The crisis in the eurozone has moved from the economic plane to the political plane – and back again. Europe is stuck in a “doom loop”.
A decade on since the onset of the Great Recession, and Europe remains at the epicentre of capitalism’s global crisis.
Initially attention was focussed on Portugal, Ireland, Greece and Spain, with all of the ‘PIGS’ countries receiving bailouts – in exchange for promises of austerity. Then Britain captured the headlines, with the shock Brexit vote in June 2016 rattling the entire European establishment.
But in recent months, it is Italy – the EU’s third largest economy – that has been at the forefront of concerns.
At first the worries were financial, with Italian banks mired in bad debts as a result of over-lending in a context of years of economic stagnation. But now it is Italy’s political crisis that is shaking market confidence.
The country was without a government since national elections on 4th March, when voters landed a blow against the failed centre-ground establishment, plumping instead for the untested parties of the ‘populist’ 5 Stars Movement (M5S) and the far-right League.
Events ever since have been a rollercoaster ride.
The M5S and League eventually managed to cobble together a proposal to form a coalition government. This prospect terrified the European ruling class, as both parties are generally anti-euro.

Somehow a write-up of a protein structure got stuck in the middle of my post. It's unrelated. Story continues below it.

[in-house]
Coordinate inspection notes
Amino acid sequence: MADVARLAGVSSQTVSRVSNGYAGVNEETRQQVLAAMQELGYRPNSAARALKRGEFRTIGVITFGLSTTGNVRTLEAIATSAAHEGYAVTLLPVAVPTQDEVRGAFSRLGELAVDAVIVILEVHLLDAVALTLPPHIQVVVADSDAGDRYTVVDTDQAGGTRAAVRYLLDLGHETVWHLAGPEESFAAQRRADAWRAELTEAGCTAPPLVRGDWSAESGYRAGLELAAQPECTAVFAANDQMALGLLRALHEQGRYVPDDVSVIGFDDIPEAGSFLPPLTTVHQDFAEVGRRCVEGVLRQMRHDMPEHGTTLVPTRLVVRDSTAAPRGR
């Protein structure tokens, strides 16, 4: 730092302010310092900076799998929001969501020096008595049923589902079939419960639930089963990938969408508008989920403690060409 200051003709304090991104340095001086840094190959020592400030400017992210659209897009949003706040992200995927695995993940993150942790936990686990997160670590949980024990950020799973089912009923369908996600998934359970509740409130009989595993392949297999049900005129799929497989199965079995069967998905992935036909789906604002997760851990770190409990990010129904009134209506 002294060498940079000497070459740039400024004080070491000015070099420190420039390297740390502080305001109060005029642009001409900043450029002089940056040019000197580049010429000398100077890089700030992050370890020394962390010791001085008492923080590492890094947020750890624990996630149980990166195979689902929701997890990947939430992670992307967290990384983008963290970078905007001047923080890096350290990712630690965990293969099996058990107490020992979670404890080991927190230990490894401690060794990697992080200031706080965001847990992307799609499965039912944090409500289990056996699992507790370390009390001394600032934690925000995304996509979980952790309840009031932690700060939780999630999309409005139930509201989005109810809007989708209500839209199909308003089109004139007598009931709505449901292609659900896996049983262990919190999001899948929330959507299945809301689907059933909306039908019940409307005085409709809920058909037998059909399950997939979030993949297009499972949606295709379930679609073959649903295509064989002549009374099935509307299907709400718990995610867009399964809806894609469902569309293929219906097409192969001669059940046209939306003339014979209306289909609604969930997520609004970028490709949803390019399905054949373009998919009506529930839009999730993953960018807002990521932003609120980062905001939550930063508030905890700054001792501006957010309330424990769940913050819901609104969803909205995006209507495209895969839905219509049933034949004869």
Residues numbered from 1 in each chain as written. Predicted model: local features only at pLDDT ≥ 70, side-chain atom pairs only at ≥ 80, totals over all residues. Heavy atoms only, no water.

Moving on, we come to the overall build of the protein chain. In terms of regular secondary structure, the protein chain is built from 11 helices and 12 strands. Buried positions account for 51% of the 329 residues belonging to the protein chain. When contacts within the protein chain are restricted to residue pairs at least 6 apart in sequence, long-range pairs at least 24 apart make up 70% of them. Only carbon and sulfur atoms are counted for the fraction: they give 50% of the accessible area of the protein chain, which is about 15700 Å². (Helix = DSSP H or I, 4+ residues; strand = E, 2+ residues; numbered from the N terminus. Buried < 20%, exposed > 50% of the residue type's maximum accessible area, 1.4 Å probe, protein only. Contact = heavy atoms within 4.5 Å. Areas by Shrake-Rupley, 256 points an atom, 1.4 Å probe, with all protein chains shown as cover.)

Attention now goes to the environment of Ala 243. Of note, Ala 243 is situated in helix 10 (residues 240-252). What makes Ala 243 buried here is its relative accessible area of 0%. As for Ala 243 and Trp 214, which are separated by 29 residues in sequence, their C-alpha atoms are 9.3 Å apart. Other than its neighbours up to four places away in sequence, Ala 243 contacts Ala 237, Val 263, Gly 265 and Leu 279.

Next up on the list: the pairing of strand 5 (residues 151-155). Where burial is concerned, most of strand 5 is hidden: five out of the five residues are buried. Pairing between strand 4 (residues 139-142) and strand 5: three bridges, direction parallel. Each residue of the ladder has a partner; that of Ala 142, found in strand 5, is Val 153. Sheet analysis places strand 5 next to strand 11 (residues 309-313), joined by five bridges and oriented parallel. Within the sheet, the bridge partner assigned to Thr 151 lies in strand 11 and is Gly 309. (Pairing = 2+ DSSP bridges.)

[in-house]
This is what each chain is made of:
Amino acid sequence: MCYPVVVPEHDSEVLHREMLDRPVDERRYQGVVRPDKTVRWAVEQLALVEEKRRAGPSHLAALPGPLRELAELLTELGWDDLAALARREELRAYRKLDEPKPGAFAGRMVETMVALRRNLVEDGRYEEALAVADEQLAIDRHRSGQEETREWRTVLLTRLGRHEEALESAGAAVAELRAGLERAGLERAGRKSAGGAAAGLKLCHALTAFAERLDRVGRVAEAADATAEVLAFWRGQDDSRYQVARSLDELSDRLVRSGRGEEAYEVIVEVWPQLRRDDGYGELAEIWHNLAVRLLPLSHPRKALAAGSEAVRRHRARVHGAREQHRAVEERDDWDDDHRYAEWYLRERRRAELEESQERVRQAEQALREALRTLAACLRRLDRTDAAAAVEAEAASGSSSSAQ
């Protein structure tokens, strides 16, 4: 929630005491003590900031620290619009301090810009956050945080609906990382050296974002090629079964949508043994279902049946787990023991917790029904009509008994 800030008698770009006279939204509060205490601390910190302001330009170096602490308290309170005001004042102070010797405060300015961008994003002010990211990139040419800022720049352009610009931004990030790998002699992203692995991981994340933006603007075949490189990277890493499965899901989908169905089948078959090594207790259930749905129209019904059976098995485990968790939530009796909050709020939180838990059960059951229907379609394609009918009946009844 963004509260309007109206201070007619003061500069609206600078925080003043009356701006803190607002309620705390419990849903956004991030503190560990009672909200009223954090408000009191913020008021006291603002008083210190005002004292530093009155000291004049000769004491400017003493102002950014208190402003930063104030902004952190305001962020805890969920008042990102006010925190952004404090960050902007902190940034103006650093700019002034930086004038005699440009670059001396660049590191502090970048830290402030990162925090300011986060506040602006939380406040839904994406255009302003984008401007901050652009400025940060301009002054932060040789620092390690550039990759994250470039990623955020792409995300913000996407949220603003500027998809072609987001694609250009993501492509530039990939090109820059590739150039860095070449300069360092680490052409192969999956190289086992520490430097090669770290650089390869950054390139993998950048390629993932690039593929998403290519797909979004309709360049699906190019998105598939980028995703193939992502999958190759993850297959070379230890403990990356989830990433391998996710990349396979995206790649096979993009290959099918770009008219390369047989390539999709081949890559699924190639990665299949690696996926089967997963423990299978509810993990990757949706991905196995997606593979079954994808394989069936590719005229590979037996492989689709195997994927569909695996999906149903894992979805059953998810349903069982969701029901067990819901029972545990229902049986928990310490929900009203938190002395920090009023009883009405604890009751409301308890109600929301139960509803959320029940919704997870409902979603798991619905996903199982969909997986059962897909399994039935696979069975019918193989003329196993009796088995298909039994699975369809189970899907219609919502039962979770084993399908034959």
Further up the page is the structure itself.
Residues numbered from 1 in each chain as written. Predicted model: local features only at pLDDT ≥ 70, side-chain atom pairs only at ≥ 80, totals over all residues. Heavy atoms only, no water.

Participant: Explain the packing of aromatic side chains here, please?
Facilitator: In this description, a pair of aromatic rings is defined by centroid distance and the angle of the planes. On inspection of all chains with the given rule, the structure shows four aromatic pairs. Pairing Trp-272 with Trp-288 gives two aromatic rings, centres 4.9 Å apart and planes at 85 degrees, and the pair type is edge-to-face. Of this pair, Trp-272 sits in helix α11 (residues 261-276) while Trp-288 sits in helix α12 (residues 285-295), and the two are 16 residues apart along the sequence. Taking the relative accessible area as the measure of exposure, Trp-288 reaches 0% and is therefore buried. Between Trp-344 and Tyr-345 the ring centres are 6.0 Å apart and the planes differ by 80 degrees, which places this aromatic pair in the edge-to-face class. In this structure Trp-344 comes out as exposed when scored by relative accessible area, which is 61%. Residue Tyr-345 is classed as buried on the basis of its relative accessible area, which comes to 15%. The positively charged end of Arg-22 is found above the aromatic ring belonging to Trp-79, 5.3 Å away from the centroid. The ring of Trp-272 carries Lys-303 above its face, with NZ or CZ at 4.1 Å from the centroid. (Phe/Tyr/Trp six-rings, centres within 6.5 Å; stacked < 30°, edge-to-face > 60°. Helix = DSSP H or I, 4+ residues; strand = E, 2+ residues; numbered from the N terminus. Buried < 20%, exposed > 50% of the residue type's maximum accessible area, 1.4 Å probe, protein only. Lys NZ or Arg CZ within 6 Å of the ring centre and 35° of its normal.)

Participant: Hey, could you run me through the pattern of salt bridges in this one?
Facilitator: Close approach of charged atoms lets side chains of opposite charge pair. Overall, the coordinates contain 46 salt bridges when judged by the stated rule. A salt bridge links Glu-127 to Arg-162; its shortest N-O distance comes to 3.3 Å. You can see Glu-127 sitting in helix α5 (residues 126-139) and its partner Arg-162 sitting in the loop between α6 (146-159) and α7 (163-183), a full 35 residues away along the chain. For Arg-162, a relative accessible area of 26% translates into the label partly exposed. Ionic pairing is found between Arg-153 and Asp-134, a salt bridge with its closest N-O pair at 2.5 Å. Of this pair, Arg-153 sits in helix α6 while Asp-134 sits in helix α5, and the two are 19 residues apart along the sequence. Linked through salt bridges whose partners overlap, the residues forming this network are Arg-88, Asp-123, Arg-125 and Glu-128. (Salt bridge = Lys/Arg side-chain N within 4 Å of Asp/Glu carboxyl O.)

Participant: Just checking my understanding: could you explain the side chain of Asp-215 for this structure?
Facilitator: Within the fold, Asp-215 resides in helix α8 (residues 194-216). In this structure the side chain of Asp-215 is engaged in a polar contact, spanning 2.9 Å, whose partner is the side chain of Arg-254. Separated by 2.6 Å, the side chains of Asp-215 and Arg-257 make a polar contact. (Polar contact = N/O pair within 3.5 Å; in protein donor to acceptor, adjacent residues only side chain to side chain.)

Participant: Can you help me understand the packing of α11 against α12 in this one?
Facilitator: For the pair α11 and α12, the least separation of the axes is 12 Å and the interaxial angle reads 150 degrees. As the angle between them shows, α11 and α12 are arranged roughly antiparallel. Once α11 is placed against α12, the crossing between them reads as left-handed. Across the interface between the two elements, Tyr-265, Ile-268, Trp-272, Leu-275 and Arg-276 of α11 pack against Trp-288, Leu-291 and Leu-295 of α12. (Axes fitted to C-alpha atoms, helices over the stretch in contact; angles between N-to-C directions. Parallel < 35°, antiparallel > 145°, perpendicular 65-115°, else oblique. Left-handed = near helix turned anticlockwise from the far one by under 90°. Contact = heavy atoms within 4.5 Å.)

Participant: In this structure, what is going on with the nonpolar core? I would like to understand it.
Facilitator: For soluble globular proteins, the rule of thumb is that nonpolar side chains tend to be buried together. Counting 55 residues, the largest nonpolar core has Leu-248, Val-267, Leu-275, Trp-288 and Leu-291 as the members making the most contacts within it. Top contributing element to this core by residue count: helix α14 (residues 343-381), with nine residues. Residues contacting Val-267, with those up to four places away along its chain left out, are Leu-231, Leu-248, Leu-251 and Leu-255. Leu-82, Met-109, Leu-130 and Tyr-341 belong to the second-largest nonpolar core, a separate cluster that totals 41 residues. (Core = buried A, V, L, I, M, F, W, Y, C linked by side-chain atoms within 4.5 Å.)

The Italian president, Sergio Mattarella, at first blocked the appointment of a suggested (eurosceptic) candidate for finance minister. But this provoked outrage among the wider electorate, as it revealed the powers of the President to interfere in the composition of the government.
The leader of the League, Matteo Salvini, threatened to walk away, prompting speculation of new elections, which would have boosted his party’s position. But the ‘children’ were instead put in a room together by the ‘adults’, and told not to come back out until they had a more acceptable cabinet proposal. The M5S and League leaders acquiesced and the new government was approved by Mattarella.
At the same time, a couple of hops over in Spain, a similar political crisis was taking place, with the Prime Minister – Mariano Rajoy of the right-wing Popular Party – forced to stand down on the back of a no confidence vote in parliament.
These volatile political developments were accompanied throughout by serious jitters on the financial markets. Italy and Spain are no Greece or Portugal. They are major European economies. The latter two countries account for just over 2% of the EU economy; the former, for almost 20%.
Of particular concern is Italy’s sovereign debts, which stand at over 130% of GDP, one of the highest levels in the world. Banks across Europe – in Germany, France, and Spain – are highly exposed to Italian debts. And without a strong and stable government in Italy, there is no possibility of the markets seeing the austerity that is needed to manage the country’s debt.
This is why European markets are on edge. But their knee-jerk response only heightens the threat of an Italian default, which, in turn, would quickly result in contagion across the entire eurozone’s financial system.
This vicious circle is what the Financial Times recently referred to as the “doom loop” facing the euro economy. Only a Socialist United States of Europe can offer a way out of this quagmire.